News & Events

Women in STEM at BTC: Working to Close the Gap

April 30, 2018

Women in STEMMiddle-school and high-school students in the Janesville School District take part in Career Cruising, an electronic platform that gages their interests in future careers. Nearly all of the top ten careers girls listed were in health sciences and education. What didn’t show up? Careers in engineering, math and science. And it’s not because girls don’t have an aptitude for these areas of study – nothing could be further from the truth. The reason they aren’t considering careers in these fields is because they are not aware of the opportunities.

To turn the tide and expose students to career options they may not have otherwise considered, BTC partnered with Janesville School District to hold its first annual Women in Stem event on Monday, April 23. More than 150 middle-school and high-school aged girls from Marshall, Franklin and Edison Middle Schools, Parker and Craig High Schools, and Rock River, Rock University, TAGOS Leadership Academy and Arise Virtual magnet schools had the opportunity to learn about careers in the fields of science, technology, engineering and mathematics.

“It was an eye-opening experience for these girls,” said Patty Hernandez, Janesville School District. “One attendee told me the experience taught her that ‘it’s cool to go into an area like science.’”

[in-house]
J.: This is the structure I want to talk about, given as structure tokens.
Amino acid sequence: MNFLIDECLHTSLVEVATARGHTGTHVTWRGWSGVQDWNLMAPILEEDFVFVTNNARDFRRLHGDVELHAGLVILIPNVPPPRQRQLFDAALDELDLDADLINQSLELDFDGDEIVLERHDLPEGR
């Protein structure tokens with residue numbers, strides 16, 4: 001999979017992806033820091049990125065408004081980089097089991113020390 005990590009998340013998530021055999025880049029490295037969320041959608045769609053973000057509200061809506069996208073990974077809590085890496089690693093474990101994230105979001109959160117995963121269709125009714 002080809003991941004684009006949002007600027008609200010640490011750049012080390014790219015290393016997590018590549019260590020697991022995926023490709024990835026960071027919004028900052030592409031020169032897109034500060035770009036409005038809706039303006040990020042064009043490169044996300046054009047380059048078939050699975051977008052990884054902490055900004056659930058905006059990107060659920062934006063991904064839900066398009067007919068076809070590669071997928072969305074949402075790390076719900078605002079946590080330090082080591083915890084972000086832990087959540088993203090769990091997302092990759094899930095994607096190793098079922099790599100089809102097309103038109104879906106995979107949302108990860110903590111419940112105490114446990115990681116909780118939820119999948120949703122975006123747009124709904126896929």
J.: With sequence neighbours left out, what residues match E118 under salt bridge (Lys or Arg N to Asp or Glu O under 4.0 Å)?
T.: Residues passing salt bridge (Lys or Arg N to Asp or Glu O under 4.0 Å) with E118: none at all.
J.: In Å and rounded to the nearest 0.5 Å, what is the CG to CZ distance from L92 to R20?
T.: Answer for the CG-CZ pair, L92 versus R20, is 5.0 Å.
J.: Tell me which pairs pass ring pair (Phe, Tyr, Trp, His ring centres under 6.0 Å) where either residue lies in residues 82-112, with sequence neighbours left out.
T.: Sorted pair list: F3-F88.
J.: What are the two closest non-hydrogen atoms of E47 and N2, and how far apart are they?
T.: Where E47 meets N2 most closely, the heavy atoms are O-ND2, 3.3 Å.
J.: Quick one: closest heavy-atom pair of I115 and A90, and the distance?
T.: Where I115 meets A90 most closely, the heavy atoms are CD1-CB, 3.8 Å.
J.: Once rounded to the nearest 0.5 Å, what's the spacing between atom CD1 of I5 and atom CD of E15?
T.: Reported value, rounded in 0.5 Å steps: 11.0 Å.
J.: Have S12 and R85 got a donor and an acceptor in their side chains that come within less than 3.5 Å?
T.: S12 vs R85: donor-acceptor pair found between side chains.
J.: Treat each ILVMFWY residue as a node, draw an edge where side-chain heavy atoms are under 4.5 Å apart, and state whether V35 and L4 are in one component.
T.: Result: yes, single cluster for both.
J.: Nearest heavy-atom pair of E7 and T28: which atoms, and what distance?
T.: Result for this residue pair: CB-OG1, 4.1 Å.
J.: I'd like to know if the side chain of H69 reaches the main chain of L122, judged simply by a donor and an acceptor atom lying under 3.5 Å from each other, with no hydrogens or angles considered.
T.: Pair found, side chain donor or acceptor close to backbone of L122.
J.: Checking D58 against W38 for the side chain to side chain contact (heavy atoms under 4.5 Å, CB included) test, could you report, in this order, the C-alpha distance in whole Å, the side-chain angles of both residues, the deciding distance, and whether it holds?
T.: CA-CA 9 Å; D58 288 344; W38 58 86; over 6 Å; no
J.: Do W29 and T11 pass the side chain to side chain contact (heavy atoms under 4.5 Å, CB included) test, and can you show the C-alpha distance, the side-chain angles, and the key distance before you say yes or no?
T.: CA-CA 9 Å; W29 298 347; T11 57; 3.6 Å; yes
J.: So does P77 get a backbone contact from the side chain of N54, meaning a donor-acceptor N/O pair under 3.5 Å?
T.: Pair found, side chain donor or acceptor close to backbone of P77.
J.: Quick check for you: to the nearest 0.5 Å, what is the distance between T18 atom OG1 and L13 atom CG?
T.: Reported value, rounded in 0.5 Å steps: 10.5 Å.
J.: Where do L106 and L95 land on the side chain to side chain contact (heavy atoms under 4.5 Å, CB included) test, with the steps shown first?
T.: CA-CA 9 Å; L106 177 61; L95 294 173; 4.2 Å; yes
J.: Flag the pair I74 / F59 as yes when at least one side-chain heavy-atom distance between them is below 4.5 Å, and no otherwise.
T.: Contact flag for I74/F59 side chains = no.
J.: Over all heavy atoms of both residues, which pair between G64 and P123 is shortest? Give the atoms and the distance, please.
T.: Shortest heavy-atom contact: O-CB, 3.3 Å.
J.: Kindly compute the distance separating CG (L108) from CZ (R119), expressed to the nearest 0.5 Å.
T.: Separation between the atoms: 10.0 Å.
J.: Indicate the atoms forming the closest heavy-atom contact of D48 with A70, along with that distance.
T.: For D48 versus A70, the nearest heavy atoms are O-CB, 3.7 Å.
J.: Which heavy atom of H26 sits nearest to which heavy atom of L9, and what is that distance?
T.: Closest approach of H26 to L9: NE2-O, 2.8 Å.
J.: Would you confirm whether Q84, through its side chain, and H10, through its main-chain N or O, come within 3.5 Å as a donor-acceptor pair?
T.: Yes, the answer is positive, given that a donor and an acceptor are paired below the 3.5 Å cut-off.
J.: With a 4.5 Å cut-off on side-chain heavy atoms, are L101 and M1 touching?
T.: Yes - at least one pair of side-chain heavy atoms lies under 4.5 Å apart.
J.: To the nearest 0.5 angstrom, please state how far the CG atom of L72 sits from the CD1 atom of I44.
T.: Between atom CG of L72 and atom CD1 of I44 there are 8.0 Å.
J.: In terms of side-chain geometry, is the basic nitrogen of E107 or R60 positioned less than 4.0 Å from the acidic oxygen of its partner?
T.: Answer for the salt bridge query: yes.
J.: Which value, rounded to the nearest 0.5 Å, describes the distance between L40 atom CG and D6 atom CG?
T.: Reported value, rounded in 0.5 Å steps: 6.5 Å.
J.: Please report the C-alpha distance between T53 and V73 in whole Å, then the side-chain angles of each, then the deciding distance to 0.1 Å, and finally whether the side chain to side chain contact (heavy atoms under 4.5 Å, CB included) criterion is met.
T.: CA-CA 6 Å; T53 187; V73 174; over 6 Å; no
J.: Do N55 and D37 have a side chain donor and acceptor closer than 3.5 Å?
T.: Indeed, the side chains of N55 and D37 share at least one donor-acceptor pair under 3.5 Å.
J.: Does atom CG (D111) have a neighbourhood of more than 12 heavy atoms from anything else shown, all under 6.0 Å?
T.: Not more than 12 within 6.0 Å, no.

The goal of the Women in STEM event was to tear down the stereotypes that ‘girls can’t do math’ and get them excited about the possibilities of a career in fields that are traditionally male-dominated., “It’s about encouraging girls to study and work in these fields and raise awareness about the growing job opportunities for people with a strong background in STEM,” said Hernandez.

Increasing the interest in these fields is critical to our local economy as well as occupations that require a STEM background are growing at a faster rate than there are qualified people to fill them. “There are 688 manufacturing job openings in Rock County right now,” Hernandez said. “Getting girls excited and interested in these fields will close that employment gap and open up more opportunities for all of our students.”

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